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dc.contributor.authorKessels, Een_US
dc.contributor.authorHusson, Oen_US
dc.contributor.authorvan der Feltz-Cornelis, CMen_US
dc.coverage.spatialNew Zealanden_US
dc.date.accessioned2019-03-04T14:52:22Z
dc.date.issued2018en_US
dc.identifierhttps://www.ncbi.nlm.nih.gov/pubmed/29445285en_US
dc.identifierndt-14-479en_US
dc.identifier.citationNeuropsychiatr Dis Treat, 2018, 14 pp. 479 - 494en_US
dc.identifier.issn1176-6328en_US
dc.identifier.urihttps://repository.icr.ac.uk/handle/internal/3122
dc.identifier.doi10.2147/NDT.S150464en_US
dc.description.abstractObjective: The objective of the study was to conduct systematic review and meta-analysis to establish the effect of exercise interventions on cancer-related fatigue (CRF) in cancer survivors, compared to non-exercise intervention controls. Methods: Trials published between January 1st 2000 and August 17th 2016 were included through PubMed database search and search of references. Eligible trials compared the effect of an exercise intervention on CRF compared to non-exercise intervention controls, with CRF as primary outcome and measured by validated self-report questionnaire, in cancer survivors not receiving palliative care. We evaluated risk of bias of individual trials following Cochrane Quality criteria. We performed a random-effects meta-analysis in the low risk of bias trials with intervention type, exercise intensity, adherence, and cancer type as moderators, and also performed meta-regression analyses and a sensitivity analysis including the high risk of bias trials. Results: Out of 274 trials, 11 met the inclusion criteria, of which six had low risk of bias. Exercise improved CRF with large effect size (Cohen's d 0.605, 95% CI 0.235-0.975) with no significant difference between types of cancer. Aerobic exercise (Δ=1.009, CI 0.222-1.797) showed a significantly greater effect than a combination of aerobic and resistance exercises (Δ=0.341, CI 0.129-0.552). Moderator and meta-regression analyses showed high adherence yielding best improvements. Conclusion: Exercise has a large effect on CRF in cancer survivors. Aerobic interventions with high adherence have the best result.en_US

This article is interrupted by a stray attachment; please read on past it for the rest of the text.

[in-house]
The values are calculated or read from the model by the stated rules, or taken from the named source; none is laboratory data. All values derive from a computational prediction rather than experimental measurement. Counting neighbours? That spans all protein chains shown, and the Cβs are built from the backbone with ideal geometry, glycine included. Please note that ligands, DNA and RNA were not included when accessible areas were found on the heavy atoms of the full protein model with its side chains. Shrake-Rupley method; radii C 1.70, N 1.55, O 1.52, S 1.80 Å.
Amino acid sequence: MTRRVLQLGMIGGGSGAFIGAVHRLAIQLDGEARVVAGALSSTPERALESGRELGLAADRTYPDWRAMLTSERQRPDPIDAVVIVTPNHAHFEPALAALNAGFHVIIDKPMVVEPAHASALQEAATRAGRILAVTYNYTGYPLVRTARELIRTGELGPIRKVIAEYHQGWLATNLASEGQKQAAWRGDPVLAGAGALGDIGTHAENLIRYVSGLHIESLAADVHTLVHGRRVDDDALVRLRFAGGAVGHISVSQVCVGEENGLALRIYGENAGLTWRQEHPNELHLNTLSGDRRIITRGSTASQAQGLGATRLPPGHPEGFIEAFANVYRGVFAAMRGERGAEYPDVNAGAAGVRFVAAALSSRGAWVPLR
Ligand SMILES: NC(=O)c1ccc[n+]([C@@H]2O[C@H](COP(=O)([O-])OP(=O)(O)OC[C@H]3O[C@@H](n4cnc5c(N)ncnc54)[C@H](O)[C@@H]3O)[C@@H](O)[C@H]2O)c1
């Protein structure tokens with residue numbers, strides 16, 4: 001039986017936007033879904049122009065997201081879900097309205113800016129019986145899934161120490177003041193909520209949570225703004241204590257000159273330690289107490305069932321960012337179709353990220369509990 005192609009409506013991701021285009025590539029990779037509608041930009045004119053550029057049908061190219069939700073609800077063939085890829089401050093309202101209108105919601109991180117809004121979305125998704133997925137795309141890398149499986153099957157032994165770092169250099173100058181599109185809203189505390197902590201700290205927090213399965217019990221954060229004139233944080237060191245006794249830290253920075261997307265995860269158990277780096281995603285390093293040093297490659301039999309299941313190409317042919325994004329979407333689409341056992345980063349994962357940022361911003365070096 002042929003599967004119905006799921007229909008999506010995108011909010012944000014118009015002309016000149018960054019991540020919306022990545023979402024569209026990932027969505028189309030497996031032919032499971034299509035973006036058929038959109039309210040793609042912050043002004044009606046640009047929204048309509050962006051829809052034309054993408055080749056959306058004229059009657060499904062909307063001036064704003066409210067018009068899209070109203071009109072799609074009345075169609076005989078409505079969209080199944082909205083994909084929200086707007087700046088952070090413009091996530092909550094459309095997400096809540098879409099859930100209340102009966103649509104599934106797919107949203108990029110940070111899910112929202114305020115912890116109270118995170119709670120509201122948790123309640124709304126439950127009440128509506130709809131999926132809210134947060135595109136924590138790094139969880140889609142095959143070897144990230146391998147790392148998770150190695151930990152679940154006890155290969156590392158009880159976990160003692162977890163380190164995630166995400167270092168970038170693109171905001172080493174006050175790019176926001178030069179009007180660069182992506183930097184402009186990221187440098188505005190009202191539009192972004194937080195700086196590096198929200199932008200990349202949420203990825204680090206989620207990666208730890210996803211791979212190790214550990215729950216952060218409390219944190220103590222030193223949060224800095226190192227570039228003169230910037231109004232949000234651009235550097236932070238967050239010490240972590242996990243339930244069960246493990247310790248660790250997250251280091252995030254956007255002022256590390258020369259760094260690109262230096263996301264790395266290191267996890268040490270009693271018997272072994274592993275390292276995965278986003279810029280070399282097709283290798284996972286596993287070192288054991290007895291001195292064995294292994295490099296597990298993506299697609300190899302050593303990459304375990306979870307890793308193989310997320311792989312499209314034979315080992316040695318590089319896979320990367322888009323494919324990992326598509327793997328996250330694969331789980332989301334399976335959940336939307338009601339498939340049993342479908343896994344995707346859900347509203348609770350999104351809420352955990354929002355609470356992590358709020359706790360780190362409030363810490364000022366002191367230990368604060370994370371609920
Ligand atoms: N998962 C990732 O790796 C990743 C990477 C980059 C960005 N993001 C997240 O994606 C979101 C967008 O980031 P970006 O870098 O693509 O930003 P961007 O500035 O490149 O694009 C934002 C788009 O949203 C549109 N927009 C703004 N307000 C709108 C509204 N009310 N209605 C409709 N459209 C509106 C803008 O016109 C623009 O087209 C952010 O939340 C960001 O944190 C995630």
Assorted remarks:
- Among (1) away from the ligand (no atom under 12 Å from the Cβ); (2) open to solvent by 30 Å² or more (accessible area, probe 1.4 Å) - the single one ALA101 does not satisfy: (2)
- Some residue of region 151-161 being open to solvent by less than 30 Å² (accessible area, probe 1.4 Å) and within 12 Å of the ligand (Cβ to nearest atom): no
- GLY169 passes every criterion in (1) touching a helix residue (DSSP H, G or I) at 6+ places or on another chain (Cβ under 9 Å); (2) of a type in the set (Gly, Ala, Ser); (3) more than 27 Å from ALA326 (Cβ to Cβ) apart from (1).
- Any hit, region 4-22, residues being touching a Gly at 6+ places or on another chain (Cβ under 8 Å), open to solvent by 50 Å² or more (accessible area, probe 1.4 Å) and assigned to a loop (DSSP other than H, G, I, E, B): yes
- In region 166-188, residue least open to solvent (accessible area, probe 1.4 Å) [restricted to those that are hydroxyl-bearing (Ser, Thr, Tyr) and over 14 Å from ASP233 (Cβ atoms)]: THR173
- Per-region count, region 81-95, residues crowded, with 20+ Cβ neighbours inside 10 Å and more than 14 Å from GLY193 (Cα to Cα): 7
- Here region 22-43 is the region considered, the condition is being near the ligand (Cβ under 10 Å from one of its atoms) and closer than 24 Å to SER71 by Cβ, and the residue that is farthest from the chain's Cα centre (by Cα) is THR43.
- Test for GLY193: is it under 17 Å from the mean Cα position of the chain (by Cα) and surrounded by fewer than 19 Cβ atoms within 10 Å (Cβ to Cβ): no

dc.format.extent479 - 494en_US
dc.languageengen_US
dc.language.isoengen_US
dc.rights.urihttp://creativecommons.org/licenses/by/4.0/en_US
dc.subjectcancer survivorsen_US
dc.subjectcancer-related fatigueen_US
dc.subjectexerciseen_US
dc.subjectmeta analysisen_US
dc.subjectrandomized clinical trialsen_US
dc.subjectsystematic reviewen_US
dc.titleThe effect of exercise on cancer-related fatigue in cancer survivors: a systematic review and meta-analysis.en_US
dc.typeJournal Article
rioxxterms.versionofrecord10.2147/NDT.S150464en_US
rioxxterms.licenseref.startdate2018en_US
rioxxterms.typeJournal Article/Reviewen_US
dc.relation.isPartOfNeuropsychiatr Dis Treaten_US
pubs.notesNot knownen_US
pubs.organisational-group/ICR
pubs.organisational-group/ICR/Primary Group
pubs.organisational-group/ICR/Primary Group/ICR Divisions
pubs.organisational-group/ICR/Primary Group/ICR Divisions/Clinical Studies
pubs.organisational-group/ICR/Primary Group/ICR Divisions/Clinical Studies/Clinical and Translational Sarcoma
pubs.publication-statusPublished onlineen_US
pubs.volume14en_US
pubs.embargo.termsNot knownen_US
icr.researchteamClinical and Translational Sarcomaen_US
dc.contributor.icrauthorHusson, Olgaen_US


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